Less than a week later, the Union filed another representation petition, this time seeking an election to become the bargaining representative of “all full-time and regular part-time packaging, shipping, and receiving employees” at the Fullerton plant. The Union sought to exclude “all other employees, maintenance employees, terminal employees, quality-control employees, staffing-agency employees, office clerical employees, guards[,] and supervisors as defined in the [Act].” Cargill filed a motion to dismiss the petition with prejudice, arguing that the petitioned-for bargaining unit was identical to the unit sought by the Union in the earlier petition and rejected by the Regional Director as inappropriate. Cargill also argued that the new petition should be dismissed because it was an improper attempt to reopen the proceedings in the first representation petition, to seek reconsideration of the Regional Director's decision in those proceedings, and to litigate issues in an untimely or piecemeal fashion. The Regional Director denied Cargill's motion to dismiss, finding that the bargaining unit petitioned for in the second representation petition was not identical to that petitioned for in the first petition. The Director also rejected Cargill's other arguments.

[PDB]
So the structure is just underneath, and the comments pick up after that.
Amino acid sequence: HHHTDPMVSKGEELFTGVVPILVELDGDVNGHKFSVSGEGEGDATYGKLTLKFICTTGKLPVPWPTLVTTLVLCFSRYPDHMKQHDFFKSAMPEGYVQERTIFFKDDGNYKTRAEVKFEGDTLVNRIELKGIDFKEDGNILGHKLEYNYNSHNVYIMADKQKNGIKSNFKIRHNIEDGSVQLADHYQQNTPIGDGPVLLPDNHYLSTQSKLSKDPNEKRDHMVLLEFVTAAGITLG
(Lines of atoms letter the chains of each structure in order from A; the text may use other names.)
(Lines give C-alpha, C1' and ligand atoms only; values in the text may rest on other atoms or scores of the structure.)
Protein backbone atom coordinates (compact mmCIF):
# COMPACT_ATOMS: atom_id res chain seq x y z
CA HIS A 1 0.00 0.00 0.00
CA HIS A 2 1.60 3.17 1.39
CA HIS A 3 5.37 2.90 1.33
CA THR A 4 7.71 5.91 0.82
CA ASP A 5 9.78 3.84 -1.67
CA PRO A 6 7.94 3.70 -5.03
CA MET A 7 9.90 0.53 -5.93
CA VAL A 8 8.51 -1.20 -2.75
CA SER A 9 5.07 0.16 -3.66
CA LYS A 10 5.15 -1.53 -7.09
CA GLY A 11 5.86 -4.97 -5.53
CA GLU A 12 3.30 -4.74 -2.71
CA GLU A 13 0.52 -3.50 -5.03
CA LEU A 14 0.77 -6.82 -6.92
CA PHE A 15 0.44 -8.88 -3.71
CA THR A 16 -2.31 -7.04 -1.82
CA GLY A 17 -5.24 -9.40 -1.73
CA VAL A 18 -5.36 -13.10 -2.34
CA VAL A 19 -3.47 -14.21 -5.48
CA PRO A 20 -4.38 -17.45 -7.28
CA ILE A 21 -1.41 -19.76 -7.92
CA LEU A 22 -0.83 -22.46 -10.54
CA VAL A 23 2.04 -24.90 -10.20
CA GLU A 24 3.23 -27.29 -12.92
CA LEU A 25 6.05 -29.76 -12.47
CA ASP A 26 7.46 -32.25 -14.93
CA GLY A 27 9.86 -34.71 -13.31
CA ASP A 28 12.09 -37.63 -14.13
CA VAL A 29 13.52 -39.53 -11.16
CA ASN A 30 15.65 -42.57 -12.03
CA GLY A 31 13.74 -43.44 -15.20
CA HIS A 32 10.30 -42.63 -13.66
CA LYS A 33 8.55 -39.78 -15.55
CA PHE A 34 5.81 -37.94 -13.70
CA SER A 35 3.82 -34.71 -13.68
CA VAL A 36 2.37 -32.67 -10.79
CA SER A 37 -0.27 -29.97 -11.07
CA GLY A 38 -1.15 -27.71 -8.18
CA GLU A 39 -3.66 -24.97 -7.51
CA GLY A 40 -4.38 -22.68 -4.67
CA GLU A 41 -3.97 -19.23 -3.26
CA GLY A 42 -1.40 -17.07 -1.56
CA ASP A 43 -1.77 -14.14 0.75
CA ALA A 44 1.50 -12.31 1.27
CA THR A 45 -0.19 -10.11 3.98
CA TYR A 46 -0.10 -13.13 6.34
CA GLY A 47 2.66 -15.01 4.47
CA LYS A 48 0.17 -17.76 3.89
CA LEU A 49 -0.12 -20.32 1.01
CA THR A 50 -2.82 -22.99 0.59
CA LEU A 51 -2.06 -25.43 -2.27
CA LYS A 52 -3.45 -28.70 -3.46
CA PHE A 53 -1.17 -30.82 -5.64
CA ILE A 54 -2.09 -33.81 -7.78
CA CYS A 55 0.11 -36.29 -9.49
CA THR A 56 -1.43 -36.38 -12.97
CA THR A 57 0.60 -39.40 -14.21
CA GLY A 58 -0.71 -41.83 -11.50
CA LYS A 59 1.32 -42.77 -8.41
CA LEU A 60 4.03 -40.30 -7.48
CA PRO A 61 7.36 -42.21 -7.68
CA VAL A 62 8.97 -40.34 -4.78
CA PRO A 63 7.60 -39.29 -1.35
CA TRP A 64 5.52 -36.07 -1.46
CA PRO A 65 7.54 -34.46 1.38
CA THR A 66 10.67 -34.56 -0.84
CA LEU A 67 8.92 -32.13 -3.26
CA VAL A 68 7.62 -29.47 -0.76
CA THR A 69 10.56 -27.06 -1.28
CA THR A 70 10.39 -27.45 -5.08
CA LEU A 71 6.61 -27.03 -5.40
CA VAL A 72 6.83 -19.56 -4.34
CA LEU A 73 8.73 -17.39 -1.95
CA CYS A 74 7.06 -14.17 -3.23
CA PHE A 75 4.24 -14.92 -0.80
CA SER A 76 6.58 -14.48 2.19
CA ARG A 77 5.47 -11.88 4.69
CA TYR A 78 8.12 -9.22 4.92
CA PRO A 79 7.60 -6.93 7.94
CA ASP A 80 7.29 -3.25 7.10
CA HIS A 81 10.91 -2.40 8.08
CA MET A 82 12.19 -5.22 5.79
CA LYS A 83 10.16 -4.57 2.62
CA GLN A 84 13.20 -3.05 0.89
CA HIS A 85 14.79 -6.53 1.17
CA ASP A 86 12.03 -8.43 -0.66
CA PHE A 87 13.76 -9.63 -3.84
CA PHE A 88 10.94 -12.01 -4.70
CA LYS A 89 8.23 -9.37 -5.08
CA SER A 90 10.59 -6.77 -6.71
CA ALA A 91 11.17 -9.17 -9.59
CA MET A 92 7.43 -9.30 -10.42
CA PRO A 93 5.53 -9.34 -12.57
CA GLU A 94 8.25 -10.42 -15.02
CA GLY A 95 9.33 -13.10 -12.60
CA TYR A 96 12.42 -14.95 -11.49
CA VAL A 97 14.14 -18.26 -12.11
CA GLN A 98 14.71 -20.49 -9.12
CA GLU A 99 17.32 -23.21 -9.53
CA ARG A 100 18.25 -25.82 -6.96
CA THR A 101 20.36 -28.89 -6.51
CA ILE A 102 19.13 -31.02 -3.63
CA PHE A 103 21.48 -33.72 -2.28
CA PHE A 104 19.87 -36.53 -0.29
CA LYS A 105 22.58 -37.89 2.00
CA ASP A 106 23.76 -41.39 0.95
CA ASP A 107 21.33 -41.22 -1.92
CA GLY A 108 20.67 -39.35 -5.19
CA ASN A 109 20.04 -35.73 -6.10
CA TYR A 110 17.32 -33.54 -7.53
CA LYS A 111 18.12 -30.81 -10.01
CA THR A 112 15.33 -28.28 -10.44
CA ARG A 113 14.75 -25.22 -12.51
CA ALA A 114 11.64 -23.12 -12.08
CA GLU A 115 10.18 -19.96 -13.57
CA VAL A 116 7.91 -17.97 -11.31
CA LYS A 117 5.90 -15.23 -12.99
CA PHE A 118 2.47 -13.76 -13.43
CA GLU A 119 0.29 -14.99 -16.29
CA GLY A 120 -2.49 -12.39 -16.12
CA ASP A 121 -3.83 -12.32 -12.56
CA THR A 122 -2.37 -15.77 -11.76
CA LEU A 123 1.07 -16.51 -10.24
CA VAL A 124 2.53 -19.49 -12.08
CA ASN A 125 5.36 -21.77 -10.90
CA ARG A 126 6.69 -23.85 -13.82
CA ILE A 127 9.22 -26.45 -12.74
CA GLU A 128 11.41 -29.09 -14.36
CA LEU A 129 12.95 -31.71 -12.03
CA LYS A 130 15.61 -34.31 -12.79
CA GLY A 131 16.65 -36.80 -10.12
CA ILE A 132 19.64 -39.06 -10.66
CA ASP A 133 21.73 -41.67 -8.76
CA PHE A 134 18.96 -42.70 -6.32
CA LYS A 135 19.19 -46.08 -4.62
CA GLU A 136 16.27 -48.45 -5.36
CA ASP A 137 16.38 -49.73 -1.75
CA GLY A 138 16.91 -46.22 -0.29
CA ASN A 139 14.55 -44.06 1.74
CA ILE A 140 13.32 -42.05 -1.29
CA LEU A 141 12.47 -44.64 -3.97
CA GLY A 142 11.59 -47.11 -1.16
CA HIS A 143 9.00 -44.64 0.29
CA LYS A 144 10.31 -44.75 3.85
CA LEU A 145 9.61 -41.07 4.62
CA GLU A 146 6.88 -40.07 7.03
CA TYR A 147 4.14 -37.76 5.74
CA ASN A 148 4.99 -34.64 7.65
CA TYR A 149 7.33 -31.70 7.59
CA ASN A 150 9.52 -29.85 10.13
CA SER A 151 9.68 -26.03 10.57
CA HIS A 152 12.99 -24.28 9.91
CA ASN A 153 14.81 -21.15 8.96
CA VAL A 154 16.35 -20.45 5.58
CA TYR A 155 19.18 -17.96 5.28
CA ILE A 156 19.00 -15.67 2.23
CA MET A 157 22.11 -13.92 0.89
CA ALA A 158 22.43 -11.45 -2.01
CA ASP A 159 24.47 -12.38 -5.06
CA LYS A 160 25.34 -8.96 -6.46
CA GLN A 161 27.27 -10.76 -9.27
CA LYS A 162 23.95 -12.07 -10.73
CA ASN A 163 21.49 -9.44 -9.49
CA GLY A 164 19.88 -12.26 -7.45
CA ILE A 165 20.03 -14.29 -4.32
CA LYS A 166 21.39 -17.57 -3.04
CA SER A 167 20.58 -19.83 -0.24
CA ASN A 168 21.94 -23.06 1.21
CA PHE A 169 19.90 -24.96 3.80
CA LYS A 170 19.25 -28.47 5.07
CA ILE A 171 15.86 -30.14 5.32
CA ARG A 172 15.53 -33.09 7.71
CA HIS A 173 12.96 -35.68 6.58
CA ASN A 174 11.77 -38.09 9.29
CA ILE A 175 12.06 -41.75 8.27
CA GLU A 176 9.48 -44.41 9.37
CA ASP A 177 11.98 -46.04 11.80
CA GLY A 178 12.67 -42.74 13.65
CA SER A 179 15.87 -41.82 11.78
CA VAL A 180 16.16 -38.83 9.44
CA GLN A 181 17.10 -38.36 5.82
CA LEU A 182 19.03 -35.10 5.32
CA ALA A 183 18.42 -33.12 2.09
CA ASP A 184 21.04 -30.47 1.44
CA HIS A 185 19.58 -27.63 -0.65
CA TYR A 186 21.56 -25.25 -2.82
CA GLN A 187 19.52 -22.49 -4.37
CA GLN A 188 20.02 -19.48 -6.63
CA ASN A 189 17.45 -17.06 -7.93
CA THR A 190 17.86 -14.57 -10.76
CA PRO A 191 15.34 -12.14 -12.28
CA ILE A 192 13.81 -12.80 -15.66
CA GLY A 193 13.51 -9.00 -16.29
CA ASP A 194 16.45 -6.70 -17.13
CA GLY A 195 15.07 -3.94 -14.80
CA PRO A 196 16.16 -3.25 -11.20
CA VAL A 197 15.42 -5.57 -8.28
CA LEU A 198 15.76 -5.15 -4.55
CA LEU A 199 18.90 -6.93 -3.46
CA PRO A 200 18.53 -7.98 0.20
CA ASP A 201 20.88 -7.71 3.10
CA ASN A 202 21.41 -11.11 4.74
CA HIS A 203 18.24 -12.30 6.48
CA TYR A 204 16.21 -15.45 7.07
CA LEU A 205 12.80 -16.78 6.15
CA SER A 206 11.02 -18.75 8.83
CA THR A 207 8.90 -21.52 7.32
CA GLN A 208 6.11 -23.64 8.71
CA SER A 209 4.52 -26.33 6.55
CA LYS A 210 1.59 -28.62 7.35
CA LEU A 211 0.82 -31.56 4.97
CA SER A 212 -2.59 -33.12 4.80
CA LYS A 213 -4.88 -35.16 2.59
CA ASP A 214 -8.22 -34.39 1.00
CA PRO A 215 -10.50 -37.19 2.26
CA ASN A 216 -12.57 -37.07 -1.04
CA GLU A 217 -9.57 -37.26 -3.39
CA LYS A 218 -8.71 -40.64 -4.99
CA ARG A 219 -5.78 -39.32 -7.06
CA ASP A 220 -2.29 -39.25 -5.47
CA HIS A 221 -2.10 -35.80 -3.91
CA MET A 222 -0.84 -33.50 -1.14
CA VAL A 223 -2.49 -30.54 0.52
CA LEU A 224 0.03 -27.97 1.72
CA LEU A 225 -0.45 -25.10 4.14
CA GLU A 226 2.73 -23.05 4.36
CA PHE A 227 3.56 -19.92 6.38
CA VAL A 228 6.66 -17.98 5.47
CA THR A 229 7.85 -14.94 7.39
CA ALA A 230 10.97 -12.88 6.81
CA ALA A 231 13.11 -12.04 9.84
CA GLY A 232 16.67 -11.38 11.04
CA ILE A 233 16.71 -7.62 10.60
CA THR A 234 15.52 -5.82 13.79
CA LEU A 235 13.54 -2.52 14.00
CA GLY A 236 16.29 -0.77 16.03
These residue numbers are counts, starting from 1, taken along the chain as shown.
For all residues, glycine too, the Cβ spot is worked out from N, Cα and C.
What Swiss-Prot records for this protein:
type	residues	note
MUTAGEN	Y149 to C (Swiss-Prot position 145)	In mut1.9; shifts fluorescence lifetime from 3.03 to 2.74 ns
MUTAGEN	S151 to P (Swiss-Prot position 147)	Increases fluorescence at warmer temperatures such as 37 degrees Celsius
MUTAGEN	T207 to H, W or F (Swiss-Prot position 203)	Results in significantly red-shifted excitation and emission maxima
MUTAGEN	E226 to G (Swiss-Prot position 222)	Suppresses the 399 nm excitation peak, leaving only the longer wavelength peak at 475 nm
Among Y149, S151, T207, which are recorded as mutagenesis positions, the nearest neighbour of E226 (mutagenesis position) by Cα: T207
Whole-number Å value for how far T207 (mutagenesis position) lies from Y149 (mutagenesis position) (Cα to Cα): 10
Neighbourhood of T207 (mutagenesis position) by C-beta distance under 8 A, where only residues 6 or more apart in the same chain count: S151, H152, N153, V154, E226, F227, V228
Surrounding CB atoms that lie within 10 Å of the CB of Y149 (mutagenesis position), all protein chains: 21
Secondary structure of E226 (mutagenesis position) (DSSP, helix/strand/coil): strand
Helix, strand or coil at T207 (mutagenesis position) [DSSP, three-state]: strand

The Regional Director later issued a decision on the merits of the second representation petition, finding that the petitioned-for bargaining unit was appropriate and reaffirming that the shipping and packaging leads were employees and not supervisors under the Act. Cargill requested Board review of the Director's decision, arguing that the bargaining unit was inappropriate and again asserting that the second representation petition should have been dismissed for the reasons it had previously cited. The Board denied Cargill's request for review, concluding that the company had not raised any substantial issues warranting review.